MIAMI – Global air carriers continue to report painful financial results due to plummeting demand caused by the COVID-19 pandemic.

International Airlines Group (IAG), the parent company of British Airways (BA), Aer Lingus (EI), Iberia (IB), and other brands, today announced a record €7.4bn (US$9bn) loss for 2020. That compares to a profit of €2.6bn (US$2.15bn) a year earlier.

In the fourth quarter, IAG reported a loss of €1.4bn (US$1.7bn), compared to a profit of €765m (US$924m) in the last quarter of 2019.

The company reported a full-year passenger capacity of 33.5% compared to 2019 loads, stating in its earnings release that IAG “continues to be adversely affected by the COVID-19 pandemic, together with government restrictions and quarantine requirements.”

IAG CEO, Luis Gallego. Photo: World Travel & Tourism Council.

Cargo is Strong


One bright spot, as with other global carriers, was cargo. IAG airlines flew 4,003 cargo-only flights last year. Cargo revenues totaled €1.3bn (US$1.57bn), up significantly from a year earlier.

“Our results reflect the serious impact that COVID-19 has had on our business. We have taken effective action to preserve cash, boost liquidity, and reduce our cost base. Despite this crisis, our liquidity remains strong,” said CEO Luis Gallego.

“In 2020, our capacity decreased by 66.5 percent while our non-fuel costs went down 37.1 percent thanks to the extraordinary effort across our business. The Group continues to reduce its cost base and increase the proportion of variable costs to better match market demand. We’re transforming our business to ensure we emerge in a stronger competitive position.”

Gallego continued, “The aviation industry stands with governments in putting public health at the top of the agenda. Getting people traveling again will require a clear roadmap for unwinding current restrictions when the time is right. We know there is pent-up demand for travel and people want to fly. Vaccinations are progressing well and global infections are going in the right direction. We’re calling for international common testing standards and the introduction of digital health passes to reopen our skies safely.”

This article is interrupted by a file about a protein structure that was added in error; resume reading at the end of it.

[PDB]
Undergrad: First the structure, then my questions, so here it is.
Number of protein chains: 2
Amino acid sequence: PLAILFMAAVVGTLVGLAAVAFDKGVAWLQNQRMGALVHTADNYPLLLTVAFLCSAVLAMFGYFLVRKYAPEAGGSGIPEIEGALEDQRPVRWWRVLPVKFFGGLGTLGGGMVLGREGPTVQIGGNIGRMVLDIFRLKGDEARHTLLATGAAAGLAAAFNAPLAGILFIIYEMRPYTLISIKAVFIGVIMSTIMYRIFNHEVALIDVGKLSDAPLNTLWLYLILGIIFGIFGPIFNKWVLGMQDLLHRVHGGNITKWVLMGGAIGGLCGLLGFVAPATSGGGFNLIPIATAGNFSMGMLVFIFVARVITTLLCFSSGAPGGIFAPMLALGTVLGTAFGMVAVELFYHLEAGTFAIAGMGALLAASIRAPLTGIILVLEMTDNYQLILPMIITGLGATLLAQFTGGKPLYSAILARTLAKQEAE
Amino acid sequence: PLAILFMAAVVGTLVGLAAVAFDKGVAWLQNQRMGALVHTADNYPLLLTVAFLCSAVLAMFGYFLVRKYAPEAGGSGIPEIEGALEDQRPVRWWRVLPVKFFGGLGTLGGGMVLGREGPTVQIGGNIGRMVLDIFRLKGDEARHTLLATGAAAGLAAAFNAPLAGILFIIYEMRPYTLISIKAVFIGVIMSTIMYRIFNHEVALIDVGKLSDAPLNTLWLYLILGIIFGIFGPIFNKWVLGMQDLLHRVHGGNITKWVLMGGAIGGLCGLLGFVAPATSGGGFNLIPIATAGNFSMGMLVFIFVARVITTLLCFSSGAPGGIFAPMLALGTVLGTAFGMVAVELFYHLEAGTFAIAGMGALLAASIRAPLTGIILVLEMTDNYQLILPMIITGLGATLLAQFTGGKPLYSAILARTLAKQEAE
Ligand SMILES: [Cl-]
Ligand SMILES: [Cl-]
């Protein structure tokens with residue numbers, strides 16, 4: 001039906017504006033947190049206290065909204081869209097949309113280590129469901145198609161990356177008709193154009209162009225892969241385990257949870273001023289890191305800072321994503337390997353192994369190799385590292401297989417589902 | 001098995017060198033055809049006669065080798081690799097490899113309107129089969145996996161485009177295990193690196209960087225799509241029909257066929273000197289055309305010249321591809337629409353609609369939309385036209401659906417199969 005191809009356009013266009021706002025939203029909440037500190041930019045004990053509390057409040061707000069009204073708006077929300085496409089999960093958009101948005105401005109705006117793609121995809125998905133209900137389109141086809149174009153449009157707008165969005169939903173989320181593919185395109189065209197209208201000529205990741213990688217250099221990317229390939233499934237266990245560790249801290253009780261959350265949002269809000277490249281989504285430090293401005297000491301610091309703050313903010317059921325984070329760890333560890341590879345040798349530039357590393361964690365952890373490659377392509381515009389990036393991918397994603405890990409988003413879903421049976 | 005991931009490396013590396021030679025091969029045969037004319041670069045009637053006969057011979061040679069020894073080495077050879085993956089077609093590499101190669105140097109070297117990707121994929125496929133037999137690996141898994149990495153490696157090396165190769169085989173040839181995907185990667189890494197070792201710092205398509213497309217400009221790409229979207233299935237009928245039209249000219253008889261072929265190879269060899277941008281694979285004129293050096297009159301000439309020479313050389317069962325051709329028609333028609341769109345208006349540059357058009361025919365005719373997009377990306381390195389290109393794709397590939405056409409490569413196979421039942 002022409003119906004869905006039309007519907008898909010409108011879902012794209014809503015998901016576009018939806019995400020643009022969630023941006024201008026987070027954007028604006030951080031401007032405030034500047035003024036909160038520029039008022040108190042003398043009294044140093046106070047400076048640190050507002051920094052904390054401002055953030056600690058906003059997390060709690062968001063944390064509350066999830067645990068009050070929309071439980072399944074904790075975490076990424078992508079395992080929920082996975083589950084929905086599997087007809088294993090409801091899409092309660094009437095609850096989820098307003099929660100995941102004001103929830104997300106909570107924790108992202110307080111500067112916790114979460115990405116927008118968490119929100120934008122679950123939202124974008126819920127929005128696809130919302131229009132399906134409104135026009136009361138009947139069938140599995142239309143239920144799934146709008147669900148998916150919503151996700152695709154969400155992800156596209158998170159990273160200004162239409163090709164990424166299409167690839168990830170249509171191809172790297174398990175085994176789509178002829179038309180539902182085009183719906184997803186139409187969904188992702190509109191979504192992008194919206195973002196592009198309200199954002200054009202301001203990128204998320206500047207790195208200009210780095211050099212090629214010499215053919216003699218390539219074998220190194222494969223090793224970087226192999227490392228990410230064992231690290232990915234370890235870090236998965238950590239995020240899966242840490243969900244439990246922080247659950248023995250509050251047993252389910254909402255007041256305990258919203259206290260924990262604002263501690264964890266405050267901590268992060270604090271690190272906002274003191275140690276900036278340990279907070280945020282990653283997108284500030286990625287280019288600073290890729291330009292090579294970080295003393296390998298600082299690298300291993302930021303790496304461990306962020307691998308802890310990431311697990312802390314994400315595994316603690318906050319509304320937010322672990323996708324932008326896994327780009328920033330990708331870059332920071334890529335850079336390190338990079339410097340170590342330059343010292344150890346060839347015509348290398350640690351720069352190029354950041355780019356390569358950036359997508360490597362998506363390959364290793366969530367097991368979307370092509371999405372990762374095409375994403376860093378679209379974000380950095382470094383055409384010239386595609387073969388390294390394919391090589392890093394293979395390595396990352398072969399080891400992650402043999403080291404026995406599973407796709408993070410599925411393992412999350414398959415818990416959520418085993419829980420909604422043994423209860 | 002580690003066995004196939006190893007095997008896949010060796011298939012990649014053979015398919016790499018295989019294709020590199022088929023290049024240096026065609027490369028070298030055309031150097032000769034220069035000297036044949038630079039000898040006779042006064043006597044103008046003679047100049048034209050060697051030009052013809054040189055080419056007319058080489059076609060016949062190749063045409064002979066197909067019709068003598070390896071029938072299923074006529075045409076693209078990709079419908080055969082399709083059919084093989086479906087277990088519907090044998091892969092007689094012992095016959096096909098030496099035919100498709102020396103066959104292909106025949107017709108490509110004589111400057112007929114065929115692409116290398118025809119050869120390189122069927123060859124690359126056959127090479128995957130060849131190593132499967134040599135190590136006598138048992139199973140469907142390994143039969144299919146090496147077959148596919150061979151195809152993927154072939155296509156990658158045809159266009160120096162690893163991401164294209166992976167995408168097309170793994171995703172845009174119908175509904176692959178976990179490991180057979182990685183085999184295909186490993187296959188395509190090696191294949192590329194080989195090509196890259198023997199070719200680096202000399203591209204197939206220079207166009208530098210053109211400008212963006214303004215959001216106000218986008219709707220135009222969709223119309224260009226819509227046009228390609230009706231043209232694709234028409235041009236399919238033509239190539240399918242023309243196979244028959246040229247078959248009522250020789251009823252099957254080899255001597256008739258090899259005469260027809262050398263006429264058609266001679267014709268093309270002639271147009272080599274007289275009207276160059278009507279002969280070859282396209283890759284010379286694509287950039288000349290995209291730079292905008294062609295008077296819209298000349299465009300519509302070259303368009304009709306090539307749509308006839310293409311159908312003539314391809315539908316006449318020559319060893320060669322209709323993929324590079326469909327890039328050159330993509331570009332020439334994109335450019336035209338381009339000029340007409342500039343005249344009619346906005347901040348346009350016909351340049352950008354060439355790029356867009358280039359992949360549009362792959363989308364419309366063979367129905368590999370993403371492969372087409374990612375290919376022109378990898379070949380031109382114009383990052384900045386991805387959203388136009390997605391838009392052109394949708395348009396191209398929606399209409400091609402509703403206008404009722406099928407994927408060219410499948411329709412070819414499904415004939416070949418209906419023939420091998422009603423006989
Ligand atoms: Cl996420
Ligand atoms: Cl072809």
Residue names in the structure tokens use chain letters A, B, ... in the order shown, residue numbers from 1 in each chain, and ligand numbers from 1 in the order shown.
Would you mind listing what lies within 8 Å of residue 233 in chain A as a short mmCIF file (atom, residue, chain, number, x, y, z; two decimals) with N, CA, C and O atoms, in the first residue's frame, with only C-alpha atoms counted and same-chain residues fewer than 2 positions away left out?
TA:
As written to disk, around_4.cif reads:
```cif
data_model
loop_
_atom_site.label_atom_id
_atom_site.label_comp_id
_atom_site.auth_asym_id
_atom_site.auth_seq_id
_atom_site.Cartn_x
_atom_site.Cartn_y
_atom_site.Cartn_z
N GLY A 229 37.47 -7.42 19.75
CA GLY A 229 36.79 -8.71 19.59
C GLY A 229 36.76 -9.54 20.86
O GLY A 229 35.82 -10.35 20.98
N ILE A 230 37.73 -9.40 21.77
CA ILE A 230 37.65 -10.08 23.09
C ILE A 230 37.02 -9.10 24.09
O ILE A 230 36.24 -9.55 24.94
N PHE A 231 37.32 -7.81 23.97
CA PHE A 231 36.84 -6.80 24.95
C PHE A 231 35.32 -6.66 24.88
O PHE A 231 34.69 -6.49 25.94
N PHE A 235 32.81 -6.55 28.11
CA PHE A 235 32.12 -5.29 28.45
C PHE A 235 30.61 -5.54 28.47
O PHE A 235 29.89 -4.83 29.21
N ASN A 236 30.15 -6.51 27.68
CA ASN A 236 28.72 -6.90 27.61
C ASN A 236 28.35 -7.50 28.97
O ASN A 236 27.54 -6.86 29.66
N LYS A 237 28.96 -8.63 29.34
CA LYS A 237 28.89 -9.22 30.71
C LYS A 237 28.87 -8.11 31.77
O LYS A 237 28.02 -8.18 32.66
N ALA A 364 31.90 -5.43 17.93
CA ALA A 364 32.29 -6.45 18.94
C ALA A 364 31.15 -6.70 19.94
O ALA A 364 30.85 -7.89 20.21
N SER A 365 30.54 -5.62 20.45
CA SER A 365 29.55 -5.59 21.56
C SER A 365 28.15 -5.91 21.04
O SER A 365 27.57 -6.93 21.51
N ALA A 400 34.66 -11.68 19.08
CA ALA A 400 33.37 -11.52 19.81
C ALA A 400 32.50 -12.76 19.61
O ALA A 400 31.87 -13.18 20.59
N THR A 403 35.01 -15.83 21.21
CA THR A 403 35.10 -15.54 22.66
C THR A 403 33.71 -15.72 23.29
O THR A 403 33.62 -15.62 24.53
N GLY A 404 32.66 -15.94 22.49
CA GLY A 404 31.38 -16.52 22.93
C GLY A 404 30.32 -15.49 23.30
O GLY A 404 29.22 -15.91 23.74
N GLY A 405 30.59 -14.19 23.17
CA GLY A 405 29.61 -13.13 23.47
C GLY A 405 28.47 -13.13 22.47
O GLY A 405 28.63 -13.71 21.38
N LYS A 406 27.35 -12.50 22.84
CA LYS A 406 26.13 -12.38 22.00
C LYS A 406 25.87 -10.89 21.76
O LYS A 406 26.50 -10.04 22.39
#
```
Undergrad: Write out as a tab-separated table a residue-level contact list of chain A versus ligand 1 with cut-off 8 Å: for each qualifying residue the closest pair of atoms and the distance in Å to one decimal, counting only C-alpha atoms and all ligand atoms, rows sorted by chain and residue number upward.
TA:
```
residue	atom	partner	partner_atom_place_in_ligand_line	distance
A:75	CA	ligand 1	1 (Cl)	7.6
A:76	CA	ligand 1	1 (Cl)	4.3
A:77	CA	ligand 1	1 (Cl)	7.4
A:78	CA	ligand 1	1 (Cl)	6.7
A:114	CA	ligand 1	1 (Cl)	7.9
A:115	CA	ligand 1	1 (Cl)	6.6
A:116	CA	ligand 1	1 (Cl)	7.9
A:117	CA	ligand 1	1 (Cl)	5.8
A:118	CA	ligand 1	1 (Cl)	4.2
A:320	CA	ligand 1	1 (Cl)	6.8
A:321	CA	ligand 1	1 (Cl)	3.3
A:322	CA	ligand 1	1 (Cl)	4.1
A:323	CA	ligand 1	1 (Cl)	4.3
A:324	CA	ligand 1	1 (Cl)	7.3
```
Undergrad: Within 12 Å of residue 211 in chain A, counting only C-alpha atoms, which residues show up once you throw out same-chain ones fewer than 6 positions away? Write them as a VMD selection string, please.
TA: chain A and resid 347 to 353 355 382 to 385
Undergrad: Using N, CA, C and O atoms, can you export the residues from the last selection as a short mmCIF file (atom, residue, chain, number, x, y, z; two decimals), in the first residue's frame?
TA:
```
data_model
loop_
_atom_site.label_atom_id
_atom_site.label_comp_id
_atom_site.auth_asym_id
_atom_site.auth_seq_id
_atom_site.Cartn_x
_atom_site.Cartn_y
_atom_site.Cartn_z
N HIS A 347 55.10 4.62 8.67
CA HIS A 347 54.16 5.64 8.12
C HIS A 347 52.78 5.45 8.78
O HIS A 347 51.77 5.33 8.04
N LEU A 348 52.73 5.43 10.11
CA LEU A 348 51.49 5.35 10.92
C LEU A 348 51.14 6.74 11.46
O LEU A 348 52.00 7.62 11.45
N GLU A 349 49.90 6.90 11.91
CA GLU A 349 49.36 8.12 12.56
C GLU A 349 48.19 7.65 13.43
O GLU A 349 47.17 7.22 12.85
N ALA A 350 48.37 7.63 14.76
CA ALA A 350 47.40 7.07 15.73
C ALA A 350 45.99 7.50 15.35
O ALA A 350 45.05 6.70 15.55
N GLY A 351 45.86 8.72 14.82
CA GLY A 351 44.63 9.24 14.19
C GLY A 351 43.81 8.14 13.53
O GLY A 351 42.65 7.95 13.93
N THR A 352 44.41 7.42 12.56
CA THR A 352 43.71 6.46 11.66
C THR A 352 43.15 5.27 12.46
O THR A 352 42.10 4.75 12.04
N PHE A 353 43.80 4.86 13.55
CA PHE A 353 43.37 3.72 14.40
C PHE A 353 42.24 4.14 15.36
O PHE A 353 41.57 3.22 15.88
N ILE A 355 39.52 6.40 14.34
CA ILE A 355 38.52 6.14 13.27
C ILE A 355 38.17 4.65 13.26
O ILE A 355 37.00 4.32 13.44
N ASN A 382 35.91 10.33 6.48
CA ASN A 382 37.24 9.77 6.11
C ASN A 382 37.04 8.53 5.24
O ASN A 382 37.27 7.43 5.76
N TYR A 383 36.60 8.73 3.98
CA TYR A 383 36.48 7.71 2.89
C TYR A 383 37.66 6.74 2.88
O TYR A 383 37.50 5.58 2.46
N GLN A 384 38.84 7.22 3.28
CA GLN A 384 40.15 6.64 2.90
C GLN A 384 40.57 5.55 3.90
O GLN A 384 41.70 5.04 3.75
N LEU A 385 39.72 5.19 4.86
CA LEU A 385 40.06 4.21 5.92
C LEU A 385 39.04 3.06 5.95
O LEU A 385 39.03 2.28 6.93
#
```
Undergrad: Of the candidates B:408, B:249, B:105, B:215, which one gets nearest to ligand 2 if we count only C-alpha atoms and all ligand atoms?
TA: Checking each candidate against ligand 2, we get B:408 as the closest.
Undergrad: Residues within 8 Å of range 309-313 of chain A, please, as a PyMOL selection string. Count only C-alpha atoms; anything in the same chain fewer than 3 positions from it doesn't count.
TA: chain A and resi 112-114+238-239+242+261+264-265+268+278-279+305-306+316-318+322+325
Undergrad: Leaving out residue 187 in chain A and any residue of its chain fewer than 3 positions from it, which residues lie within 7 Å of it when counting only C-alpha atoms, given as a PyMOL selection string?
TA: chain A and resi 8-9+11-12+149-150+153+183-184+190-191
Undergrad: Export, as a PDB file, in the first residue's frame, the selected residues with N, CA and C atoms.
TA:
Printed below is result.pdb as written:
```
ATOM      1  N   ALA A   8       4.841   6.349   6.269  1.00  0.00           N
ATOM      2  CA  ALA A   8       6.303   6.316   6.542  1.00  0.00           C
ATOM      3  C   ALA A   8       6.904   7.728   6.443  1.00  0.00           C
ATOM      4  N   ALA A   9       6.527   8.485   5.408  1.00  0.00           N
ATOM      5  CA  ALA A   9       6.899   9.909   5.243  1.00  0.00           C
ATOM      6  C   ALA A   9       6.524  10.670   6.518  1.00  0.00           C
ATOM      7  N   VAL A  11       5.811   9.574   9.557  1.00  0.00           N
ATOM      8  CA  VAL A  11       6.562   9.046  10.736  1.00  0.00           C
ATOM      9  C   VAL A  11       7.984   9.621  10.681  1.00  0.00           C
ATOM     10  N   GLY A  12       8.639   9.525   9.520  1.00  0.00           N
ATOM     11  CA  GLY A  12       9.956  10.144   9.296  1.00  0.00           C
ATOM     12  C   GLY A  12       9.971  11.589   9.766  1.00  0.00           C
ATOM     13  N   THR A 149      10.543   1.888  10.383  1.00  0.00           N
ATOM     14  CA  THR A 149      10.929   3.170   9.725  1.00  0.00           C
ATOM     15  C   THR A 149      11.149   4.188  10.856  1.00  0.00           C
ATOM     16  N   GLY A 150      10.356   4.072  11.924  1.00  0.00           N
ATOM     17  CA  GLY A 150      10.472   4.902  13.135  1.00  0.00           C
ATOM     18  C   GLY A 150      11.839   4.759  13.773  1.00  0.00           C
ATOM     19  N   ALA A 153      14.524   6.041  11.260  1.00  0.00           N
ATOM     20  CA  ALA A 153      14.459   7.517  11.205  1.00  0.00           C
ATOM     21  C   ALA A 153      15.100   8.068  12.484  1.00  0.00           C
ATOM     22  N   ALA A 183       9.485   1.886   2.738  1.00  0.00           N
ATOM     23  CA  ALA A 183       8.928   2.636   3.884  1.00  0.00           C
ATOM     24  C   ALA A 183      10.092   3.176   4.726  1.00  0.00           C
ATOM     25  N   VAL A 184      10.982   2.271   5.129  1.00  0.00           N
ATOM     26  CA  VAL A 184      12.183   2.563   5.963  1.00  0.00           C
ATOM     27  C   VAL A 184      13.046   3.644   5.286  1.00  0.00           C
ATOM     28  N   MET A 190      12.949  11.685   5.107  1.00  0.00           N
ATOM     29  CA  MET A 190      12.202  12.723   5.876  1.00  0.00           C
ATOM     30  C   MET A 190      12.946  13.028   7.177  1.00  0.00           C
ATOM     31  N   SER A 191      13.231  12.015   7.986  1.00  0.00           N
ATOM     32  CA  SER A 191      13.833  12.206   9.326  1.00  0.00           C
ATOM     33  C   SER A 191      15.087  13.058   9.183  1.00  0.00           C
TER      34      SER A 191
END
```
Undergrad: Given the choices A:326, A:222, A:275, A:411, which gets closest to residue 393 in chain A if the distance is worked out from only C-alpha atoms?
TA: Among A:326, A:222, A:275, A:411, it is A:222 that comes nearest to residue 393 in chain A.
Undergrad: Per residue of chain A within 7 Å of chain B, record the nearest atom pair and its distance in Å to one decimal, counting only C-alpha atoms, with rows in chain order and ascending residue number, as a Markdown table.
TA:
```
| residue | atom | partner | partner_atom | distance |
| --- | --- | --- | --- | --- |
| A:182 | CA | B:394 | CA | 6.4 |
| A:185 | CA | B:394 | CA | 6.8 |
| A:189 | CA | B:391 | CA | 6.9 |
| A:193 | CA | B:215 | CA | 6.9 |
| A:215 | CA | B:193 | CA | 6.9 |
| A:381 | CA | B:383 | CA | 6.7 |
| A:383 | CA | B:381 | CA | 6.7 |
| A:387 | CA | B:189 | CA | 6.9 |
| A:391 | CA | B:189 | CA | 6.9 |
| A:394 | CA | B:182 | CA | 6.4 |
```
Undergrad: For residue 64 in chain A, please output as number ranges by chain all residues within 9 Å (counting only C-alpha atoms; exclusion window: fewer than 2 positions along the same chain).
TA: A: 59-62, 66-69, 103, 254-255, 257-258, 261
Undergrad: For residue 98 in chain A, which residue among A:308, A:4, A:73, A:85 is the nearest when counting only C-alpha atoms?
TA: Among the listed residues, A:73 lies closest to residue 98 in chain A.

Given the uncertainty on the impact and duration of COVID-19, IAG is not providing profit guidance for 2021.

Iberia Express Airbus A320-214 reg. EC-MCB is on final at Naples International Airport. Photo: Marco Macca – @aviator_ita

Light at the End of the Tunnel


According to a report by airlineweekly.com, the Group does expect that its renegotiated agreement to acquire Air Europa (UX) will be signed by the European authorities later this year, as the conglomerate positions the transaction as crucial to establishing a viable alternative to other major European hubs.

As IAG CEO Luis Gallego put it, the combination of UX and IB will transform Madrid into a ‘360-degree hub,’ comparable to what KLM offers in Amsterdam and Lufthansa in Frankfurt (FRA).

After the completion of Brexit, the agreement would give the group a large hub in the European Union, placing the London Heathrow (LHR) base of BA further outside the Schengen area. If all goes well, The IAG Deal is set to create a new European mega-hub.


Featured image: IAG’s British Airways G-XWBC Airbus A350-1041. Photo: Ervin Eslami/Airways